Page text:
Route of the Week: Ithaca on Arrowhead Peak

By Blake Herrington, 05 August 2013

  • DATE

    05 August 2013


    Blake Herrington


    Rock Climbing

If you think alpine rock in Rocky Mountain National Park means cold, North-facing stone and elaborate descents, you are mostly correct. But here’s an excellent exception. Ithaca is one of the best routes in the park’s most scenic valley. It faces generally south and is very fast to dry, making it climbable before and after most of the park’s walls come into season.

Using a 70-meter rope, the descent involves just a handful of rappels and a short section of walking easy to do in rock shoes. Although the crux 5.12a pitch may have once earned the grade, it feels a few letters easier now that the crack has cleaned up, allowing more room for gear and fingers in the leftward undercling. The pitch to look out for—or get psyched up for—is the immaculate 5.8 slab start, which is legitimately x-rated, but has excellent stone, secure stances and would be easy to downclimb.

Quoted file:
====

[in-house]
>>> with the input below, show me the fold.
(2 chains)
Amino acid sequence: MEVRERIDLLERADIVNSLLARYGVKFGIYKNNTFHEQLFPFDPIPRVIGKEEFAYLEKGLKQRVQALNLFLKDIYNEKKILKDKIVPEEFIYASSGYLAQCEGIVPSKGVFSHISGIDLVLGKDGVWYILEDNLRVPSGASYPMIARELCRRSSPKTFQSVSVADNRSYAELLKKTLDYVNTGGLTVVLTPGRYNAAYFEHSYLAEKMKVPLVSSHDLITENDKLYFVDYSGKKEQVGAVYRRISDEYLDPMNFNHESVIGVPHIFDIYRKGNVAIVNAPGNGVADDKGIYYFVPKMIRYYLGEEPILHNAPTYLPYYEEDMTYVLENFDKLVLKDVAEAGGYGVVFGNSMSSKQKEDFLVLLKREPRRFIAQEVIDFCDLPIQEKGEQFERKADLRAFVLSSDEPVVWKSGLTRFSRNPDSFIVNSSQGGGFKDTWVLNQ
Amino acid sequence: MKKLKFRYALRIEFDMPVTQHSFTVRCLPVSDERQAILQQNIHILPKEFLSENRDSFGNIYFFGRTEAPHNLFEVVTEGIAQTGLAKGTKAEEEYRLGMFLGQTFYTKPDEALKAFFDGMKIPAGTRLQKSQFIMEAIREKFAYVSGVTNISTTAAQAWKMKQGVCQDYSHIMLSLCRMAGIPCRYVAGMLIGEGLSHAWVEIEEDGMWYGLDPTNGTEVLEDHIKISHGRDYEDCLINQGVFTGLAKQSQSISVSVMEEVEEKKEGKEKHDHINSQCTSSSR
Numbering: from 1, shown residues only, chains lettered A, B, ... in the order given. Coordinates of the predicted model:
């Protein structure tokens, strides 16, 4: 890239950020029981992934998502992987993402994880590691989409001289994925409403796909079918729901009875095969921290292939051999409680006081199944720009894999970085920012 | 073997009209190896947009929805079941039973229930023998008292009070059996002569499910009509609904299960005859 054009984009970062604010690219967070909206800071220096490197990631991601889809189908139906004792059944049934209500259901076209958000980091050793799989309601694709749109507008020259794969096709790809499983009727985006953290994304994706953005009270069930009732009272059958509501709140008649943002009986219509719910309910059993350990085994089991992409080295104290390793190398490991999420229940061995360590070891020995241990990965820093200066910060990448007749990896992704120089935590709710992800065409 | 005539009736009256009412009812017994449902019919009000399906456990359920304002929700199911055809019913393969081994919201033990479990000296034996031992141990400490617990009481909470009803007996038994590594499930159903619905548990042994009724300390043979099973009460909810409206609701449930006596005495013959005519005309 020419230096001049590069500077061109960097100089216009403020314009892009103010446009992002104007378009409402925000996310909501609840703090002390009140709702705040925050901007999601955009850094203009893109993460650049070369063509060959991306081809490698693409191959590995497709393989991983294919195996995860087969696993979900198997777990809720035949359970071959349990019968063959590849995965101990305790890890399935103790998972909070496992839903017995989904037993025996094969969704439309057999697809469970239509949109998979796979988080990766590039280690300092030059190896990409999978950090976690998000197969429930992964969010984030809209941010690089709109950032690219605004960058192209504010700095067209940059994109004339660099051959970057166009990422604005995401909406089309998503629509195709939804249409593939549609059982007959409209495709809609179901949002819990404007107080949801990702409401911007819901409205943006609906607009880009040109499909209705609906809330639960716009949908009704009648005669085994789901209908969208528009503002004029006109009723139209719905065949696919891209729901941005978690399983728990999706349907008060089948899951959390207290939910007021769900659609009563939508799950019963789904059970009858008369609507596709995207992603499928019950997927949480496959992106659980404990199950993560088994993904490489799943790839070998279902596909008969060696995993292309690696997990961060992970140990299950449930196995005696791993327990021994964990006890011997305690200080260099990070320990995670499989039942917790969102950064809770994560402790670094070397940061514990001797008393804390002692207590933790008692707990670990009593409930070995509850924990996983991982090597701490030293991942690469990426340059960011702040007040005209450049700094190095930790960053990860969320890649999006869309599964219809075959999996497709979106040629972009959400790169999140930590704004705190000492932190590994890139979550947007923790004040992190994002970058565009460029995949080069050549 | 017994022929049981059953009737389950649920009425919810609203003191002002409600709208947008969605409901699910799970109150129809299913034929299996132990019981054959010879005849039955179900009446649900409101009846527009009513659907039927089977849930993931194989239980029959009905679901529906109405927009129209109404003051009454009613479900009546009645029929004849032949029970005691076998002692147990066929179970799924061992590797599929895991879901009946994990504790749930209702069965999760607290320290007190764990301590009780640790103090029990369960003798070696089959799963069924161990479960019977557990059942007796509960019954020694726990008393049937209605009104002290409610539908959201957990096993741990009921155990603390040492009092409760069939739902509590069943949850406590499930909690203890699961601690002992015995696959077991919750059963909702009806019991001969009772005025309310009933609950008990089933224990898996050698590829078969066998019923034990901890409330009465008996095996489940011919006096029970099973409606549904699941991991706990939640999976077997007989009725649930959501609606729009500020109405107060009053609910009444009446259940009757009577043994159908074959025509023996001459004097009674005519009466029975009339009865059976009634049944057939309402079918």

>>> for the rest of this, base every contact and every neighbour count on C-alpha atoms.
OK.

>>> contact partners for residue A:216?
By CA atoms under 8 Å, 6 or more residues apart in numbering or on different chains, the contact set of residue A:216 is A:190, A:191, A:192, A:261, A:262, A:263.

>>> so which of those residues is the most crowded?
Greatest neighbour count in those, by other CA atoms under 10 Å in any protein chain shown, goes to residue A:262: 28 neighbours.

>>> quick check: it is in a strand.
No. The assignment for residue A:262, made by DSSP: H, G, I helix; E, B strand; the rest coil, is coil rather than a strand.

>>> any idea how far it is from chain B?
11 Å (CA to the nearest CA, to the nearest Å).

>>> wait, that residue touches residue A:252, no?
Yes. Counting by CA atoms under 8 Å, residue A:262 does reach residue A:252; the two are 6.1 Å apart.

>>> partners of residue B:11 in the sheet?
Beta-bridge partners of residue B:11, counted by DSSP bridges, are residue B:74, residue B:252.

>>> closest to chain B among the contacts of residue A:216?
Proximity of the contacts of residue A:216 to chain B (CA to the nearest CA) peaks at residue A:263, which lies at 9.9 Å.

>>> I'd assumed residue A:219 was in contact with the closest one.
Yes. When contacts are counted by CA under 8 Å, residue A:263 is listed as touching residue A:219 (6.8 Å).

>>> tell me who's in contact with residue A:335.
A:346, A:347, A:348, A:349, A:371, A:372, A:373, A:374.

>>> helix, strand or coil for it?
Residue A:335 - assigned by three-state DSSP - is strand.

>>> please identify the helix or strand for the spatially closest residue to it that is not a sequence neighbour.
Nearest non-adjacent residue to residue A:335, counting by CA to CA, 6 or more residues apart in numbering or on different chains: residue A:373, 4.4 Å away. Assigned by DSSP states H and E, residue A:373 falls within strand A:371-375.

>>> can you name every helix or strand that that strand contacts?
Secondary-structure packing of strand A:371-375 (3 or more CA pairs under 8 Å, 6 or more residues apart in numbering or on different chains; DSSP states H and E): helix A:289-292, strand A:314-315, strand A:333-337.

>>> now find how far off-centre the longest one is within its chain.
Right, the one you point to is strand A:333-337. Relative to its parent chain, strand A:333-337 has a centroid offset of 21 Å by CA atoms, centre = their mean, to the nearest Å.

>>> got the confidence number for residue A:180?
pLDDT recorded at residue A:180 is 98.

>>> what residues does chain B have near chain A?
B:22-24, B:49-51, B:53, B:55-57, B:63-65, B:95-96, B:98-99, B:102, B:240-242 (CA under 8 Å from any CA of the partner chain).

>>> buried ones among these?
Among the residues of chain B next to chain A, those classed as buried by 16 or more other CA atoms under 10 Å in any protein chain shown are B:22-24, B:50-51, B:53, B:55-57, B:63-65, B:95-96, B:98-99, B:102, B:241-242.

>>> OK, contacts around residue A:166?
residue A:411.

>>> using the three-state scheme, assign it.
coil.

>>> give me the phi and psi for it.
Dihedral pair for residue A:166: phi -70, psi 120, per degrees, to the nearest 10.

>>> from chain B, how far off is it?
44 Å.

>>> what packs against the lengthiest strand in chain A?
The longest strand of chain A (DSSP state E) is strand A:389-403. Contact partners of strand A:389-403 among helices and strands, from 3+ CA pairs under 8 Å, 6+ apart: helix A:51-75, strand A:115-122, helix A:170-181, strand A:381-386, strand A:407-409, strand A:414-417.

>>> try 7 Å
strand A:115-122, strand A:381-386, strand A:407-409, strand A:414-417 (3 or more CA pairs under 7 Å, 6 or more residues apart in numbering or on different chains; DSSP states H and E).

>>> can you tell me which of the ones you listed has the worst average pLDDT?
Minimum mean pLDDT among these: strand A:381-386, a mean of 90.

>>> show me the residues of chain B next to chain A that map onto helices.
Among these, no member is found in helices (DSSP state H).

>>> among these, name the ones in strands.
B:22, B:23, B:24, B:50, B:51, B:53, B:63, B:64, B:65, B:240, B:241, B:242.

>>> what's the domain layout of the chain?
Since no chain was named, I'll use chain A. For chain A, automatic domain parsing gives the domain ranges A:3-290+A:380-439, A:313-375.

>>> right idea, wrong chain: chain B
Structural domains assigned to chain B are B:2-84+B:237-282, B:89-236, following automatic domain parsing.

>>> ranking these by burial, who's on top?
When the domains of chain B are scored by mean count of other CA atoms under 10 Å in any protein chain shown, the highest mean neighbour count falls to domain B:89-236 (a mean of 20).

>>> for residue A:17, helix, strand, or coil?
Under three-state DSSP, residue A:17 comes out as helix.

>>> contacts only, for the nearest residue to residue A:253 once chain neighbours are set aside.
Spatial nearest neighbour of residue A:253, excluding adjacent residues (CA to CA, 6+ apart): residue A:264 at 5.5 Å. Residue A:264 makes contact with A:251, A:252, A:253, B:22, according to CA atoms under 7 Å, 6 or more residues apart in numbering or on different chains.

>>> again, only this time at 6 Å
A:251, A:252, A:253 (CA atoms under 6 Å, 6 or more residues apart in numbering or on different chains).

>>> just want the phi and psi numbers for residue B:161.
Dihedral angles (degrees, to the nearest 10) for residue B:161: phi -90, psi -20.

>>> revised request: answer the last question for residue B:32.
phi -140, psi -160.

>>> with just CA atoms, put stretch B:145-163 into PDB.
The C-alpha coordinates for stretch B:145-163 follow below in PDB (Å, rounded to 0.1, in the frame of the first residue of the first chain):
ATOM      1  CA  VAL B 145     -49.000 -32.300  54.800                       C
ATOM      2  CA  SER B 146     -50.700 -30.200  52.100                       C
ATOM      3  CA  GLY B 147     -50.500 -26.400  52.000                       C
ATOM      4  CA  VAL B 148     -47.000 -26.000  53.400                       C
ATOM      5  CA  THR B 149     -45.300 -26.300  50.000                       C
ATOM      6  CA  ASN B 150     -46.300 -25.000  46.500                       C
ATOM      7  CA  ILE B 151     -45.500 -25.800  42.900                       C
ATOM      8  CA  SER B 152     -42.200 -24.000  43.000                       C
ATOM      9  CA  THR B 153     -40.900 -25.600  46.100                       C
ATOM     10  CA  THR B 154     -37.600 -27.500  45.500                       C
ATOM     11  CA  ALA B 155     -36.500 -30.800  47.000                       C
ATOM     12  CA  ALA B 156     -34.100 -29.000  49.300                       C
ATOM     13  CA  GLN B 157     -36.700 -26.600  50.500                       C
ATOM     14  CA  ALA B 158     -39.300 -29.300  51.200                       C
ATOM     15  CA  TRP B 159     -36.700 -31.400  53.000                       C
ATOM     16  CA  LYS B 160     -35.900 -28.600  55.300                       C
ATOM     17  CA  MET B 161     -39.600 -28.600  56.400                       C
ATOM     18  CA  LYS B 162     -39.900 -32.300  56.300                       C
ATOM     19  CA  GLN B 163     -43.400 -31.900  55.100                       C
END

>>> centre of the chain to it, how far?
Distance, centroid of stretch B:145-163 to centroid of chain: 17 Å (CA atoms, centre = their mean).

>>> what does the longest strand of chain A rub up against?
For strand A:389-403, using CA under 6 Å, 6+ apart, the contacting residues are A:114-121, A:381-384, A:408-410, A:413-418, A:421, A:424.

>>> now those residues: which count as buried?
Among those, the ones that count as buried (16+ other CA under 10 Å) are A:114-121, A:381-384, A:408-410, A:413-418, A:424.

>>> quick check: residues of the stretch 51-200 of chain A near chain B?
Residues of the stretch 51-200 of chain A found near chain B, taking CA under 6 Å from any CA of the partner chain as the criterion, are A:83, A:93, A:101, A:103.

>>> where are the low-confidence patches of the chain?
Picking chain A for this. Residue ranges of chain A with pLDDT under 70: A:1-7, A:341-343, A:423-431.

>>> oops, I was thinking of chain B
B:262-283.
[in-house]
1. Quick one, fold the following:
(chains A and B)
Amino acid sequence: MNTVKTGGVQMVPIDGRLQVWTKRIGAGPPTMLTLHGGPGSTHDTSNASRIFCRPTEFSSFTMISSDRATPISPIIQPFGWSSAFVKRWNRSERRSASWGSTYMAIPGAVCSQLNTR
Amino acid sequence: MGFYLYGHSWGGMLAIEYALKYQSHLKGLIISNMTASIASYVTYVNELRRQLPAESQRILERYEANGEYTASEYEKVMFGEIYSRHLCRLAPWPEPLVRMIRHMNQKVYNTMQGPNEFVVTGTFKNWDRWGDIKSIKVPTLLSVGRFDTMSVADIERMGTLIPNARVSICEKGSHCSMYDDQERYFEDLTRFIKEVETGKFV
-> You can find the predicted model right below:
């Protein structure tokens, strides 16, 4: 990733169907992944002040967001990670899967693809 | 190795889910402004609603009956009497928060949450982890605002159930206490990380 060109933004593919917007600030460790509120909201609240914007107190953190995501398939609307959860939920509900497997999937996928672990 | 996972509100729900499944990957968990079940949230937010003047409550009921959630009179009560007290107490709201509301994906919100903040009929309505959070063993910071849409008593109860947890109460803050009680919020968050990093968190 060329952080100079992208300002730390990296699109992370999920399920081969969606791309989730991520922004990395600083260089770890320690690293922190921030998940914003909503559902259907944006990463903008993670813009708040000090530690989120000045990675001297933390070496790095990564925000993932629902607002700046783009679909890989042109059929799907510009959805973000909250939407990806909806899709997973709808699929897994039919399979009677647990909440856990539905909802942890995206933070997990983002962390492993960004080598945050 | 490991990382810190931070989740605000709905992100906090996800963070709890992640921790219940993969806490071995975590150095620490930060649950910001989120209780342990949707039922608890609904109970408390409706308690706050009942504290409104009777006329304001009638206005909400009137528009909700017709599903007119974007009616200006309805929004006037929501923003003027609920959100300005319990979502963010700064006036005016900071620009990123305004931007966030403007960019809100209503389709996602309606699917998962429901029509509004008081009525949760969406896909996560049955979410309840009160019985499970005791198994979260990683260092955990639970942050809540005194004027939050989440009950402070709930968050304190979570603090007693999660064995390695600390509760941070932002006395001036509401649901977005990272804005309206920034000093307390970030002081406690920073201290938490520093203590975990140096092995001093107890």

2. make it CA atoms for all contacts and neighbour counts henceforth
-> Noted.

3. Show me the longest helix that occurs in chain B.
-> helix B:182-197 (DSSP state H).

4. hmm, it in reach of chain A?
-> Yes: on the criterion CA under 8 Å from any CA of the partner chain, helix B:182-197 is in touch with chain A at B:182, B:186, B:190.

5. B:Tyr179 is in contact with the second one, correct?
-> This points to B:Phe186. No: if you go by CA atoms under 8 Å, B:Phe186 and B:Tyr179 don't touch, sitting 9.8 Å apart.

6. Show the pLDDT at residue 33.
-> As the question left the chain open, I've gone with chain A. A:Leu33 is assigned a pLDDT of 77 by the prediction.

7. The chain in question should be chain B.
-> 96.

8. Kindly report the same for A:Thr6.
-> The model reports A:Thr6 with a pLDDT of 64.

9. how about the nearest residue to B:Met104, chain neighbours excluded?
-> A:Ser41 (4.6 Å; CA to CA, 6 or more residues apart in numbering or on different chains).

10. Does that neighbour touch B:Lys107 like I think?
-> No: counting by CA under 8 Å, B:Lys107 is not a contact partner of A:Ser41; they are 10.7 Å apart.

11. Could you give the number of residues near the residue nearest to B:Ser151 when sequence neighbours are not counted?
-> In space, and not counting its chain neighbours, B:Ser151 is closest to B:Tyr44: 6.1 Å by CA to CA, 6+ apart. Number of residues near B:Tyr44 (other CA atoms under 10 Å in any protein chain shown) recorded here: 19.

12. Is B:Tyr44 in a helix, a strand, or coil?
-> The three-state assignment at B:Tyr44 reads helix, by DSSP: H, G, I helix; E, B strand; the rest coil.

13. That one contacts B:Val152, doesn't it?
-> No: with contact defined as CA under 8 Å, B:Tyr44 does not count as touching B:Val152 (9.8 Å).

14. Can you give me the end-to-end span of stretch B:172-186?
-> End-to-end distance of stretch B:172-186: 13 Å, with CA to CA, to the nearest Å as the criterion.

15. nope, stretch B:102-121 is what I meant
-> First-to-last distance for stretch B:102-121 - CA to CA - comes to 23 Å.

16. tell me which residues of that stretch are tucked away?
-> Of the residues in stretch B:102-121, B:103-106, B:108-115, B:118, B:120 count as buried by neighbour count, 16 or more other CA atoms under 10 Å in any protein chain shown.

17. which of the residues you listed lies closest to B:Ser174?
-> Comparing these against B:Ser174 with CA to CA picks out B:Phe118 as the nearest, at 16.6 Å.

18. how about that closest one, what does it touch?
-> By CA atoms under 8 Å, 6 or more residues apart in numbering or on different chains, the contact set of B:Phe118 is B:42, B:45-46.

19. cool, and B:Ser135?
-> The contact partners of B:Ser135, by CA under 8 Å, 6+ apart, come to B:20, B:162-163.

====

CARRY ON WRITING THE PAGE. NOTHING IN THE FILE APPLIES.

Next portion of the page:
For more beta, check out’s page on Ithaca [LINK].

Blake Herrington

Leavenworth, WA

Blake Herrington learned to climb as a teenager while working for a small bakery in North Cascades National Park. His first trips into the mountains instilled in him a familiarity with untraveled alpine choss and a love for remote peaks. Now in his mid-20s, Blake has lived in Denver and Bellingham, before recently settling into the mountain town of Leavenworth, Wash. He has established over two-dozen new alpine routes or first free ascents from Alaska, to Colorado to Argentina.

Blake is also a widely-published author, having contributed articles to Alpinist, Climbing and Rock & Ice. He has climbed sport and traditional pitches up to 5.13a, but considers diverse alpine routes the most engaging and inspiring sub-set of climbing. Despite savoring the alpine cooking of many climbing partners, he counts himself among the best camp chefs he’s had the opportunity to climb with.